There’s No Place Like a Safe and Accessible Home
Senior Citizen’s Guide to Northeast New Jersey
2009 Summer/Fall Edition
As the American baby boomers approach retirement they are faced with many difficult housing decisions. Do I remain living in the 50 year old Victorian home I have raised my family in and grown so fond of? Will the 3 flights of stairs, dimly lit corridors, tiny poorly designed bathrooms, and hazardous door thresholds limit my function or even cause an injury?
Very often when these questions are asked it is from a hospital bed after experiencing a hip fracture or stroke. The family gathers from all over the globe and everyone has an opinion but all are searching for the right answer. Can mom and or dad stay in the house? Is it time for a retirement community with more accessible facilities? or even an assisted living facility or skilled nursing facility? With the guidance of the right professionals a transition back to the existing home can be the right choice.
An occupational therapist is able to analyze all of the activities of daily living that the individuals living in the house will encounter, identify difficulties that their physical or cognitive impairments may cause, and offer solutions to these problems to create a safe and accessible environment. This may entail purchasing common items such as a shower chair, seat-lift chair, or bedrail. Houses with stairs are not necessarily inaccessible or dangerous; they may require installation of secure stair rails or even stair-lifts.
Doorways can be widened to accommodate wheelchairs. Toilets, beds, and furniture can be elevated to ease sit to stand transfers for independence and/or to decrease caregiver strain. Grab bars can be installed to reduce risk of falls. Bathrooms can be modified or even added in locations that are more accessible. Bathtubs can be replaced with walk in showers. The options are endless and readily available.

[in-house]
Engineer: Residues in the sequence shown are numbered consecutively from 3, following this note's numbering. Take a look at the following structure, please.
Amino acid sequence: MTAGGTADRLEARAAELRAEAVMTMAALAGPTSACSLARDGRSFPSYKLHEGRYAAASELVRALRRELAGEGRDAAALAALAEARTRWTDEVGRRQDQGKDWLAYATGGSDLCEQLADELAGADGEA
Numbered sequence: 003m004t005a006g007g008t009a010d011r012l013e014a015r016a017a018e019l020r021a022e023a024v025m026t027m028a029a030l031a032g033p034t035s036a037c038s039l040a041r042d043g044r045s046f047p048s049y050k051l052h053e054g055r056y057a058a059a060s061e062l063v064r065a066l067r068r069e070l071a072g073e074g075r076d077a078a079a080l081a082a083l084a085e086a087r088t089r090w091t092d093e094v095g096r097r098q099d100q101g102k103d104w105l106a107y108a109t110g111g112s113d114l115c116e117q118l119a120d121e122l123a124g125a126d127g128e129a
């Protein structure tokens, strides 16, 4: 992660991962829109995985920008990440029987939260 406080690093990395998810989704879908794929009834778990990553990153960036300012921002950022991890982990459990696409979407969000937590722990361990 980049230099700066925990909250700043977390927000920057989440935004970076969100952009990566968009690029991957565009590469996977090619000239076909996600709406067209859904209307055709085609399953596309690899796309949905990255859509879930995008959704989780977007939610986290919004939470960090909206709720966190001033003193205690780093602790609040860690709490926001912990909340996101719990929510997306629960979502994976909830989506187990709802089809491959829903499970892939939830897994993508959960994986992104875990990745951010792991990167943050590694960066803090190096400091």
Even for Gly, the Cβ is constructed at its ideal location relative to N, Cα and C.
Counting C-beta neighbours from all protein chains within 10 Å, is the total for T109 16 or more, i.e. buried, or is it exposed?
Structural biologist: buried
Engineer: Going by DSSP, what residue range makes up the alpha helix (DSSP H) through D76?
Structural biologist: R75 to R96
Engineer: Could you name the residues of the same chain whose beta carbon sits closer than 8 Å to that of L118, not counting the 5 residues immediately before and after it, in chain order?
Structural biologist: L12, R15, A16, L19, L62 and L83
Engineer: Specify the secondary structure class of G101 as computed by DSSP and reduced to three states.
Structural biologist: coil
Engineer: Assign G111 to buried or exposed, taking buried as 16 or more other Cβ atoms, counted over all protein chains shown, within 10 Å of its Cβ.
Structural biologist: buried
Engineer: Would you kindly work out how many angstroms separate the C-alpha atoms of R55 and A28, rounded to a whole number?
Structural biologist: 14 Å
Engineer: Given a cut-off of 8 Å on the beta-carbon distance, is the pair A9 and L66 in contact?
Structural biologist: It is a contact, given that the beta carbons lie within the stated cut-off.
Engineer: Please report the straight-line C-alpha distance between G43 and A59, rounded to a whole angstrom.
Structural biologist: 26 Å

Bathroom grab bars are crucial. With the collaborative input of an occupational therapist and a skilled building contractor the placement of grab bars will promote the safety and function they are intended for. For example, an individual who has injured their left hand or even has left sided weakness due to a stroke, will not benefit from a grab bar that has been installed on the right side of the shower. However this same grab bar installed on the left side can promote safe and independent bathing. Grab bars come in different lengths and thicknesses.
They are made of various materials, and require many types of installation hardware and techniques that are best left to a building contractor that is familiar with the structure of the home to assure a structurally sound installation. Poorly installed grab bars pose more of a hazard than not having one at all.
Lighting and centrally monitored fire/carbon monoxide and emergency alert devices are crucial elements of a home that are often overlooked. A well lit garage, stairway, or bathroom can prevent a fall over a poorly placed basket of laundry or box of recycled newspapers.
Houses decorated with quaint lamps that require dexterous fingers to hunt through the dark to find the tiny knob to generate light may not be the best source of primary light. A licensed electrical contractor can install electrical outlets for the lamps that are linked to a light switch that is activated by motion.
You walk into the room and the lights go on and the existing lamps that contribute to the character of the house can still be the source of light. Home entrances, garages and basements can also be equipped with motion sensing occupancy lighting that will contribute to a safe transition in and out of the home at night.
Often, relocating can be more costly than adapting the house you have grown to call home. Options such as long term care insurance and reverse mortgages are available and can be discussed with a trusted financial advisor.
As Dorothy in the Wizard of Oz so eloquently stated, “There’s no place like home.”